Cumulative Voting for Community Associations
Electing the right people to the leadership board of your community association is essential for success. Board elections present the opportunity to vote the right people in and the wrong people out, depending upon the view of association members. For associations with cumulative voting, the election can result in a tug-of-war between members who want change and those who do not. To better understand cumulative voting and whether it is right for your association, it is important to define it and to study the associated benefits and risks.
What is Cumulative Voting?
An association election that allows cumulative voting changes the way votes is cast. For example, eligible voters receive the same number of votes as the number of board positions. If there are three open board positions, then each voter receives three votes.
Cumulative voting allows voters to cast all of their allotted votes to one candidate, therefore giving their vote more weight. How that weight tips the scales in terms of board dynamics is what concerns industry leaders. Experts cite there are both benefits and risks to cumulative voting and that overall, the risks outweigh the benefits.
Benefits, Risks, and Potential Legal Issues
One key benefit of cumulative voting is the opportunity for the minority to obtain a seat on the board. In this case, the minority does not refer to race, gender, or religion, but rather to that segment of the association that feel they aren't fairly represented.
The same benefit is also a potential risk. With association members allowed to use all their votes for one candidate, the majority may continue to serve if the vote is "stacked" in their favor.
In many states, cumulative voting is illegal. Only those associations with antiquated bylaws allowing cumulative voting are grandfathered. Whether cumulative voting is allowed depends upon state law and regulations.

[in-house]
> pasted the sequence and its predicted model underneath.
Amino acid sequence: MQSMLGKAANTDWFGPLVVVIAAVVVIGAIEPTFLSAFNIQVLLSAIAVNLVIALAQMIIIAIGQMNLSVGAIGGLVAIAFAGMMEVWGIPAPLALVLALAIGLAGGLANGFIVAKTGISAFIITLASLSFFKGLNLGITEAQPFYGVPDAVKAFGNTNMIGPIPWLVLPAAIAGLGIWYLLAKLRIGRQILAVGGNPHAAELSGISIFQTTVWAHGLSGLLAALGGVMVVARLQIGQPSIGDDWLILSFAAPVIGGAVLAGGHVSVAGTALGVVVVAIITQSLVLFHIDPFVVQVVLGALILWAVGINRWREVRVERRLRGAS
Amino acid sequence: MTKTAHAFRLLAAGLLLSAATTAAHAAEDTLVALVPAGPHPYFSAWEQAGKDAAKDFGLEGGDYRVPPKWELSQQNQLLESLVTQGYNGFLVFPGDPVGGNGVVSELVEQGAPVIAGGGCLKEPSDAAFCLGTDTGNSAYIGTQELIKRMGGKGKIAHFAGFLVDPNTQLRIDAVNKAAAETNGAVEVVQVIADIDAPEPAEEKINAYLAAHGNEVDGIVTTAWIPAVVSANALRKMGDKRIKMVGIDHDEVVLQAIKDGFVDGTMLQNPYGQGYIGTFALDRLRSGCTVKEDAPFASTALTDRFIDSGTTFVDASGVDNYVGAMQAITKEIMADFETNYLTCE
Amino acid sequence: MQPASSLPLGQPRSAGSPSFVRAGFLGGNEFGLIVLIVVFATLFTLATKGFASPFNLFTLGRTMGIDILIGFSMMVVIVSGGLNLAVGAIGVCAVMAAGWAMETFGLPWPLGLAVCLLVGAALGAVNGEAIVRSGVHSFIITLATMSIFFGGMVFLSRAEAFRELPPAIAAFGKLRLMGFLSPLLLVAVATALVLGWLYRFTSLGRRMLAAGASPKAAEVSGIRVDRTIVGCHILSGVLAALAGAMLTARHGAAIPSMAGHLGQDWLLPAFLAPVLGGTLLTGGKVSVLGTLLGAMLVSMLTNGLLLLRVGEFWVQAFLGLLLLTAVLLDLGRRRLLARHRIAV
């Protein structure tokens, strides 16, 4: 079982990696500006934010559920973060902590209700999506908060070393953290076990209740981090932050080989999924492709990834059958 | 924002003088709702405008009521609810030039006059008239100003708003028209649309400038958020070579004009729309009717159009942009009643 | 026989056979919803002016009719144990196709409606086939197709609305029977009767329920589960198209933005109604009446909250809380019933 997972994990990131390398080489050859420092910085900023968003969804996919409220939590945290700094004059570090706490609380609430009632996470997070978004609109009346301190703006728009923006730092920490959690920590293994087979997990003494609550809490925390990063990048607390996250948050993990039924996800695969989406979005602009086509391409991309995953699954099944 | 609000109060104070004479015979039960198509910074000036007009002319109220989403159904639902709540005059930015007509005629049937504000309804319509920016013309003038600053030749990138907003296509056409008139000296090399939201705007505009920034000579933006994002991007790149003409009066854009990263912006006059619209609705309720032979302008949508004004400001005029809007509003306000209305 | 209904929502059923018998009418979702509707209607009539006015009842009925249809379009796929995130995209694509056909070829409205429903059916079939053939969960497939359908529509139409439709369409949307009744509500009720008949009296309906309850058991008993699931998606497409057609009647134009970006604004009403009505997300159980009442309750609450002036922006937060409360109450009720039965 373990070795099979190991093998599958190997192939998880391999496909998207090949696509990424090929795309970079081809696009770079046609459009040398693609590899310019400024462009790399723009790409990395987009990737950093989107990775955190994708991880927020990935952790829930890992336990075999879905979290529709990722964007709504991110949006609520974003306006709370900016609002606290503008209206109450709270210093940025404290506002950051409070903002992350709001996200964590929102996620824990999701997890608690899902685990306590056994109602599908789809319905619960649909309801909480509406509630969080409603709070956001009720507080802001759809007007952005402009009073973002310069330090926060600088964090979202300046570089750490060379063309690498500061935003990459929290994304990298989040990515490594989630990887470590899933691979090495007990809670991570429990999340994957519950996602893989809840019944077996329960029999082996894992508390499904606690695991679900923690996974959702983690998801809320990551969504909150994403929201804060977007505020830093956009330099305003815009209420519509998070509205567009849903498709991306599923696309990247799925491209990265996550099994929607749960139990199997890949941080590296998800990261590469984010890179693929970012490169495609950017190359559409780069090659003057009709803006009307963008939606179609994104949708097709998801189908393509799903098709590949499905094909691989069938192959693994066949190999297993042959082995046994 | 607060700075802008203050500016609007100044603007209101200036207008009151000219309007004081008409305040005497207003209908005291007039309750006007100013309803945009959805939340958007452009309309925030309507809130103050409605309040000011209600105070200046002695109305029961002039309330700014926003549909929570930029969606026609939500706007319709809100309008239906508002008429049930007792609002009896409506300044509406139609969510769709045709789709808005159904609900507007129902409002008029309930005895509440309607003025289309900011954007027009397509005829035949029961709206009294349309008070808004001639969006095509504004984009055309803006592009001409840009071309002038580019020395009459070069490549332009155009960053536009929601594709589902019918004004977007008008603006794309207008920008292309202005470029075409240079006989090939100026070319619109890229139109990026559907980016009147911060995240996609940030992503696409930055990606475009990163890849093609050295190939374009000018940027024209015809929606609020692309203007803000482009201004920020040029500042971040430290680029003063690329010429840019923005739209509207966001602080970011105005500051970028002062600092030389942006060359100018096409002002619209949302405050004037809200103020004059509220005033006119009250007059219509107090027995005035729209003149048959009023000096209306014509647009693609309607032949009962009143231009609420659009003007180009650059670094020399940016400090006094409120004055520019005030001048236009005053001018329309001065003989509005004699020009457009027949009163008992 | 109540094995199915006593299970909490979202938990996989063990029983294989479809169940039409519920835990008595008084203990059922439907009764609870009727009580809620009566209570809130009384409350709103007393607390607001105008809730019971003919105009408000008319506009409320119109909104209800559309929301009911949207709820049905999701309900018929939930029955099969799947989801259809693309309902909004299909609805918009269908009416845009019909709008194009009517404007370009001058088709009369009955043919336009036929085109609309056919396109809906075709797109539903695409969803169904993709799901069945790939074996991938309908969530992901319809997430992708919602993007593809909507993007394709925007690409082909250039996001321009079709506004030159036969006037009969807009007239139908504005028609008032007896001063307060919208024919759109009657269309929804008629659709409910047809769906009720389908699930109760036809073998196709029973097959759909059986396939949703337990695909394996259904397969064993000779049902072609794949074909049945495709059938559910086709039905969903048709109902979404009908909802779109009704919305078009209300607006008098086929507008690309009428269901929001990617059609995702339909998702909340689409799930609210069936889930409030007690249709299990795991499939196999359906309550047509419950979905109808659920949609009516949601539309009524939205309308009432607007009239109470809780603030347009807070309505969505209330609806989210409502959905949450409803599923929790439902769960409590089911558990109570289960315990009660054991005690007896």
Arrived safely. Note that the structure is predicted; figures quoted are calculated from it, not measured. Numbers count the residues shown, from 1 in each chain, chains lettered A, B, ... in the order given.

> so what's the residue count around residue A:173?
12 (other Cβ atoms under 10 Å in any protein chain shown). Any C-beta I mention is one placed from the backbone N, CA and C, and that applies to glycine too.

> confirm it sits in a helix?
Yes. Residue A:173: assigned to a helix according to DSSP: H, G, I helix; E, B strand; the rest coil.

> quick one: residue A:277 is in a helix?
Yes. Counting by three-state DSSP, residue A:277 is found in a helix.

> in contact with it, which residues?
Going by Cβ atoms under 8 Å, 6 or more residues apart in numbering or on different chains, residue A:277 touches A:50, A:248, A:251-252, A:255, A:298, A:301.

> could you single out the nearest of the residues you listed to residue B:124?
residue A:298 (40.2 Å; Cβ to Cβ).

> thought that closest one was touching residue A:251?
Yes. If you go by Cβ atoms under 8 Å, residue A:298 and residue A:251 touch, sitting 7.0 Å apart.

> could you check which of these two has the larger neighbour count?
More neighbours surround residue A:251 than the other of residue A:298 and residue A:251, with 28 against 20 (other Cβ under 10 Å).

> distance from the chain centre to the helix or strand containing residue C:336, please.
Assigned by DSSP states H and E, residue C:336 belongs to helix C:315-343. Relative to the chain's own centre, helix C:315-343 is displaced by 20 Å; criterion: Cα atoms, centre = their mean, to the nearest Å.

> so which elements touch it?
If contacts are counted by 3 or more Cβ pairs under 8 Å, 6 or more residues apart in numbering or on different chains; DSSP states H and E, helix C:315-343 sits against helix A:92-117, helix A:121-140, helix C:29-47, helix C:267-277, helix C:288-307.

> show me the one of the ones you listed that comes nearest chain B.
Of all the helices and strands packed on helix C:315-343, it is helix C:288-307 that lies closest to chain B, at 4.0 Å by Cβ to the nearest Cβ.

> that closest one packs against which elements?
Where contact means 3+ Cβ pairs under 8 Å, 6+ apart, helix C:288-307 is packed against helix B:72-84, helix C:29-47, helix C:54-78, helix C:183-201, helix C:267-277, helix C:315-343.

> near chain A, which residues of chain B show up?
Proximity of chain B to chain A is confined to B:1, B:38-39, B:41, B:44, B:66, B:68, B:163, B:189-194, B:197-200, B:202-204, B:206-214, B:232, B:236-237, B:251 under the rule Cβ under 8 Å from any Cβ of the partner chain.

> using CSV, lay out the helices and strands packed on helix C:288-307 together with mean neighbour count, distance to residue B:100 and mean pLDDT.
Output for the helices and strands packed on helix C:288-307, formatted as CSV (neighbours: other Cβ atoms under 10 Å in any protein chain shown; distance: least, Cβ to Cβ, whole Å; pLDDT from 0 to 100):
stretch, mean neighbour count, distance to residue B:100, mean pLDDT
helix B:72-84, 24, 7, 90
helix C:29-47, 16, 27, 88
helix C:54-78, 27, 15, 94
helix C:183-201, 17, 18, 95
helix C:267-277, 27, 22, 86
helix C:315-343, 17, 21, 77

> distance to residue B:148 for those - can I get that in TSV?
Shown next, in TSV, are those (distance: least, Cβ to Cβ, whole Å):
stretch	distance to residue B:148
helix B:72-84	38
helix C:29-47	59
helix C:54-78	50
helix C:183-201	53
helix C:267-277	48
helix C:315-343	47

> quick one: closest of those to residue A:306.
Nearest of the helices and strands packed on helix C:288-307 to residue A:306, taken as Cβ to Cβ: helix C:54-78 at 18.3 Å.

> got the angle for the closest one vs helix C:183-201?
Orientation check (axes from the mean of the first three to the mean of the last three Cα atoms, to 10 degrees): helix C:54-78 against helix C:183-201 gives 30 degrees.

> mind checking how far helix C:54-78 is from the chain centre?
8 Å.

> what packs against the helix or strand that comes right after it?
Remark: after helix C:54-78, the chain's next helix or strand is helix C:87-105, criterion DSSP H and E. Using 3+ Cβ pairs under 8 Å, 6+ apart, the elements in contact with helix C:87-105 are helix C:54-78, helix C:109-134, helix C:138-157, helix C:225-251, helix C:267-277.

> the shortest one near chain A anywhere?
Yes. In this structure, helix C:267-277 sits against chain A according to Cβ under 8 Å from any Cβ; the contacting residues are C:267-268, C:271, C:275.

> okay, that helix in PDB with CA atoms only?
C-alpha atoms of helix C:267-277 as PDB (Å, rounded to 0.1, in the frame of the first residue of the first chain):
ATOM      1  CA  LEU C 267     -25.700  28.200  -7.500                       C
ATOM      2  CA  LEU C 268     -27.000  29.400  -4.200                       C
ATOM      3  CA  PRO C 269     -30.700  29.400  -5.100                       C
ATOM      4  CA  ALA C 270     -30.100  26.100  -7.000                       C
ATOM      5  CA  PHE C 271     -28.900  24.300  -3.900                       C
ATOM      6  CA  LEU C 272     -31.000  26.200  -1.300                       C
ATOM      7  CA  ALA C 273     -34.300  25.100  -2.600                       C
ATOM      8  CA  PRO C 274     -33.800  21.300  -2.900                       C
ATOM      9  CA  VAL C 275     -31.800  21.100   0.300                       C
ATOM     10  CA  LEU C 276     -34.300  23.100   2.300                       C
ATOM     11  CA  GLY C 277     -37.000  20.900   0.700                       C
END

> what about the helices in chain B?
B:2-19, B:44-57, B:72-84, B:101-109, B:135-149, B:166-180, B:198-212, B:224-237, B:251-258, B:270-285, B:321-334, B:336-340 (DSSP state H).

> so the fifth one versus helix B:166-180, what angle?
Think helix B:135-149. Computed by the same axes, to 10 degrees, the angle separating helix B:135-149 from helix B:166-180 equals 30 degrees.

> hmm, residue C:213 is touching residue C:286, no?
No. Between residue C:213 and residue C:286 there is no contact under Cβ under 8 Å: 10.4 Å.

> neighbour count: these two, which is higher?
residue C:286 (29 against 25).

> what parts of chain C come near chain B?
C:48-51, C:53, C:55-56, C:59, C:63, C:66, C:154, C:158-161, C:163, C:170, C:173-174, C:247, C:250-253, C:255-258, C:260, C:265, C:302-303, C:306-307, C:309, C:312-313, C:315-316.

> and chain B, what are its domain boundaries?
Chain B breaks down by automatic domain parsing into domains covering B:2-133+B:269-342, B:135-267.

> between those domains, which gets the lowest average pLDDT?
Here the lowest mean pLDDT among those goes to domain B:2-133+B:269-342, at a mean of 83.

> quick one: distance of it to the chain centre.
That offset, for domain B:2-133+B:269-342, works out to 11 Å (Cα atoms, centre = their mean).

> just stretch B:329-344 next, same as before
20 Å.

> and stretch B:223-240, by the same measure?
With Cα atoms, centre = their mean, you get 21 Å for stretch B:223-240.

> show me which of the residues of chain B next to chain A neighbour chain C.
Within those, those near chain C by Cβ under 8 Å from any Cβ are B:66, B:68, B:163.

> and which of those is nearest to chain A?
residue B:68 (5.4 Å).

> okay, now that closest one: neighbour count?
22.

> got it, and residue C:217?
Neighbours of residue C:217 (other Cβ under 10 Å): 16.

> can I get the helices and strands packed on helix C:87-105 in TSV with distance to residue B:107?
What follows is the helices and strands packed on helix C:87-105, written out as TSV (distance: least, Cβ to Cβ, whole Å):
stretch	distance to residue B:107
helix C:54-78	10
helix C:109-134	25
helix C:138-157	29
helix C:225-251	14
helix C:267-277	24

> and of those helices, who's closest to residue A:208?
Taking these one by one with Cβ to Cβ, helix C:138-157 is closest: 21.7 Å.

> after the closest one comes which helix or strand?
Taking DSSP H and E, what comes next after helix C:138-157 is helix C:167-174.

Arizona, for example, banned cumulative voting in 2005 except for those associations with bylaws that predate the law. Florida associations that want to allow cumulative voting must amend their bylaws to do so while California distinctly allows cumulative voting.
Is Cumulative Voting Right for Your HOA?
Deciding whether cumulative voting is right for your HOA depends upon state laws and association bylaws. Industry leaders warn that such voting methods often prevent new blood from joining the board. Getting enough board members to serve, as volunteers, is challenging enough. Keeping the same ones in place forever can delay and prevent the success of your HOA.
Strong leadership is an essential element for creating thriving communities. It is a delicate balance in keeping those willing to serve and adding new members with fresh ideas to the mix. In order to obtain a well-balanced board, association's must rethink their stance on cumulative voting.
As a professional property management company, we have years of experience working with HOA boards. While any election process is challenging, we believe consistent communication between board and association members is essential to success.
Our role is to provide exceptional property management while guiding and supporting board leadership. An example of the services we provide includes:
- Budget management
- Project planning and management
- Covenants and restriction enforcement in a fair and consistent manner
- Assisting the board with effective community management
- Foster great vendor relationships
- Assist with board communication to keep members informed and engaged
No matter what election method members use to elect board leadership, RealManage provides much-needed support once the board is in place. If your association is seeking the professional services of a property management company, contact us. We'll put our experience and knowledge to work and help your association thrive.